Domain Locking – Domain locking is a security enhancement offered by most registrars to help prevent unauthorized transfers of your domain to another registrar or web host. When your domain is locked, you’ll be substantially protected from unauthorized third parties who might try to redirect your name servers or transfer your domain without your permission. Organizations receive a penalty if their domain is not locked. 

IPv6 & Domain Name System Security Extension (DNSSEC) – Testing will be completed using public tools and browser plug-ins. Sites adopting IPv6 and/or DNSSEC will receive bonus points. 

Site, Server, & Infrastructure Security

Baseline Scoring 

Server and TLS/SSL Configuration – Sites will be evaluated using a combination of data and tools which provide visibility into the server architecture, configuration, and digital certificates. These tools check for weak keys, protocols, algorithms and server misconfigurations that can enable attackers to exploit system vulnerabilities and compromise TLS/SSL communications.  

Web Security Headers – Using public tools, sites are assessed for their implementation of web security headers, which can limit vulnerabilities introduced by cross-site scripting (XSS) or third-party content.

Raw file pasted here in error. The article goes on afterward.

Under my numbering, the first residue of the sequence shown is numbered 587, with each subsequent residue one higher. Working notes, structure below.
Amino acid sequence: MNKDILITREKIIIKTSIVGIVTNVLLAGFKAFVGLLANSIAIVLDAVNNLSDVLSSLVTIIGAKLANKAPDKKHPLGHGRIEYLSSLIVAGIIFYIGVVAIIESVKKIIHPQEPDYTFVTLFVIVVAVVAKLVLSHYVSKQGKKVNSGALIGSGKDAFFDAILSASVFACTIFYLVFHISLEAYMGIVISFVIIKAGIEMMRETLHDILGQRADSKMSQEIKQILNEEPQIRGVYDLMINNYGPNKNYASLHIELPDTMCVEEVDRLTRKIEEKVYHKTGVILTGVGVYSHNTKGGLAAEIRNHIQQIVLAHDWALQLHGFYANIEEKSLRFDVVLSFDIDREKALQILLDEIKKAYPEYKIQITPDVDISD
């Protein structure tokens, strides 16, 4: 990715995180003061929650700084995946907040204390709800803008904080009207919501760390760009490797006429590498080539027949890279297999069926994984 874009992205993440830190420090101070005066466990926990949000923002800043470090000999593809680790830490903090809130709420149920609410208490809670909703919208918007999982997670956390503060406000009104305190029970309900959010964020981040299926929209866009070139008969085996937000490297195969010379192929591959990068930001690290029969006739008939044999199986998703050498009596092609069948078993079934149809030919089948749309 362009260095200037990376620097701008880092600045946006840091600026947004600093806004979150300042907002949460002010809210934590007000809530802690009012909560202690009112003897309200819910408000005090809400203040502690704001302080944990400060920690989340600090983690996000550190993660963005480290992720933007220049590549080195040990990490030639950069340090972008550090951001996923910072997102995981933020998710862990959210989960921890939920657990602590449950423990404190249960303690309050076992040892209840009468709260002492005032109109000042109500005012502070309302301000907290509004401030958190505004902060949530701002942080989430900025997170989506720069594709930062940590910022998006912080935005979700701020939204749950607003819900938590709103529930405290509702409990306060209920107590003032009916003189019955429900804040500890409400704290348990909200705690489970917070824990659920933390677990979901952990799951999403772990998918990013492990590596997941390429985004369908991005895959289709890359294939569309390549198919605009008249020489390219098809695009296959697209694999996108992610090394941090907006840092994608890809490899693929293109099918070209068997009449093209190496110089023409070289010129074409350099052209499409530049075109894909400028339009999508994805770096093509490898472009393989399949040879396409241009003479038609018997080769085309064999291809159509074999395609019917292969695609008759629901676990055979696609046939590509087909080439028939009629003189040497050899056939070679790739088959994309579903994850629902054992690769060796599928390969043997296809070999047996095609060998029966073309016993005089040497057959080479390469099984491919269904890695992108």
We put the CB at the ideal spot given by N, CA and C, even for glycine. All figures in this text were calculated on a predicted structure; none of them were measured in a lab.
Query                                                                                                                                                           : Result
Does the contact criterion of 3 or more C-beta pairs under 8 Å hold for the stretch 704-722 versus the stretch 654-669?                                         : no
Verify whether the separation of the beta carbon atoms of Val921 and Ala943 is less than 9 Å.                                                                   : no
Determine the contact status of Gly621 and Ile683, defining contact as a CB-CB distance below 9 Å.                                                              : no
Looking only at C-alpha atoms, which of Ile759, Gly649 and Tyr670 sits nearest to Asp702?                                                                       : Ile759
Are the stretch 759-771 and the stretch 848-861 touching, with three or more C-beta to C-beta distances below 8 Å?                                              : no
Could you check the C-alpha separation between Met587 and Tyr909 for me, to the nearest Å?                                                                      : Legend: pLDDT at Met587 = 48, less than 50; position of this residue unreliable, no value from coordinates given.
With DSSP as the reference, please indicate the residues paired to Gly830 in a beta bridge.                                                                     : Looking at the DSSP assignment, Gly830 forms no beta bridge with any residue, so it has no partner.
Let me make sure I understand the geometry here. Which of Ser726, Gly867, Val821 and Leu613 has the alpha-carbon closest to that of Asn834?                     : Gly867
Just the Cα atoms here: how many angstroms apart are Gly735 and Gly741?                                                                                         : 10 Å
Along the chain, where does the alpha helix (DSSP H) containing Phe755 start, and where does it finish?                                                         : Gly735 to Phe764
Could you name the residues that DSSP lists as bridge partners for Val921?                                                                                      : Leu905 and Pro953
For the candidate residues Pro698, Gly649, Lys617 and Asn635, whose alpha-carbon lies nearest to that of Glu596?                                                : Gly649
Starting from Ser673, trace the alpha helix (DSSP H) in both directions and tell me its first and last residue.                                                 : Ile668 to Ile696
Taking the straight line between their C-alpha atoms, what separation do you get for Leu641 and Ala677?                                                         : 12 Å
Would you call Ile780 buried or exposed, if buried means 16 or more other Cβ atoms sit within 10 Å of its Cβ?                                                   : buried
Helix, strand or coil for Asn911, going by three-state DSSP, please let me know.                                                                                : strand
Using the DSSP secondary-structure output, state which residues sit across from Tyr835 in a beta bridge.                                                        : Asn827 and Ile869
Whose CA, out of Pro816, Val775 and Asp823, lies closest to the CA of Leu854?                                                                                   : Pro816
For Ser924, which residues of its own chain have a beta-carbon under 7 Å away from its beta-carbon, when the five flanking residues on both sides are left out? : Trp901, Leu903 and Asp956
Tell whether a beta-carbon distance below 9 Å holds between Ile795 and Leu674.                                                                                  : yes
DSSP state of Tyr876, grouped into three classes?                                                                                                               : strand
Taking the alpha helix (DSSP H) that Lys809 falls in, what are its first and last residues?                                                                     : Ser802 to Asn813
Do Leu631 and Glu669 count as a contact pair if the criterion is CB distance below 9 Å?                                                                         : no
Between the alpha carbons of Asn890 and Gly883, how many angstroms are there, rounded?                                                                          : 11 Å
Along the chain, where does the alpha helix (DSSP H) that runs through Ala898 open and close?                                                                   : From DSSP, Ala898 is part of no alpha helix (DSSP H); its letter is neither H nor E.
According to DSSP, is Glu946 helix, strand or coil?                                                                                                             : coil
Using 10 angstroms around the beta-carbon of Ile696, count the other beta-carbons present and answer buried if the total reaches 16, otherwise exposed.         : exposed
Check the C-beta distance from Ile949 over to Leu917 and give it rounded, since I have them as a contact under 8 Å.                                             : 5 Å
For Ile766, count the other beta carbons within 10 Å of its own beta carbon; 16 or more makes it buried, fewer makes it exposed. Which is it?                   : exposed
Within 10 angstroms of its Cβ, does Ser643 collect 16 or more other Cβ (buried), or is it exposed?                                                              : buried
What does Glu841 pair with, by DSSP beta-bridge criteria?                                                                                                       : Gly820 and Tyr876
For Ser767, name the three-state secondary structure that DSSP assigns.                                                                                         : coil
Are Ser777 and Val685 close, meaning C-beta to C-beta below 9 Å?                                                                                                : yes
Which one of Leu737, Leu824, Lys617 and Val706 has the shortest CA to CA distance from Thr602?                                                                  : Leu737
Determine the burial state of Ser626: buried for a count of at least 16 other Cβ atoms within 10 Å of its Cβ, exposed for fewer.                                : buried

Additional Security Assessments – Using various tools, sites are also examined for application and network security, IP reputation and updated softwareThese findings are blended into the overall baseline score.  

Always On SSL (AOSSL) – Sites are evaluated for the adoption of AOSSL, “HTTPs everywhere” and/or HTTP Strict Transport Security (HSTS) as best practices to secure sensitive data between a user’s device and a web site. This capability is assessed using the tools listed above and is verified by auditors accessing the sites. AOSSL became part of baseline scoring in 2018 and its weight will be increased in the 2019 Audit. 

Bonus and Penalties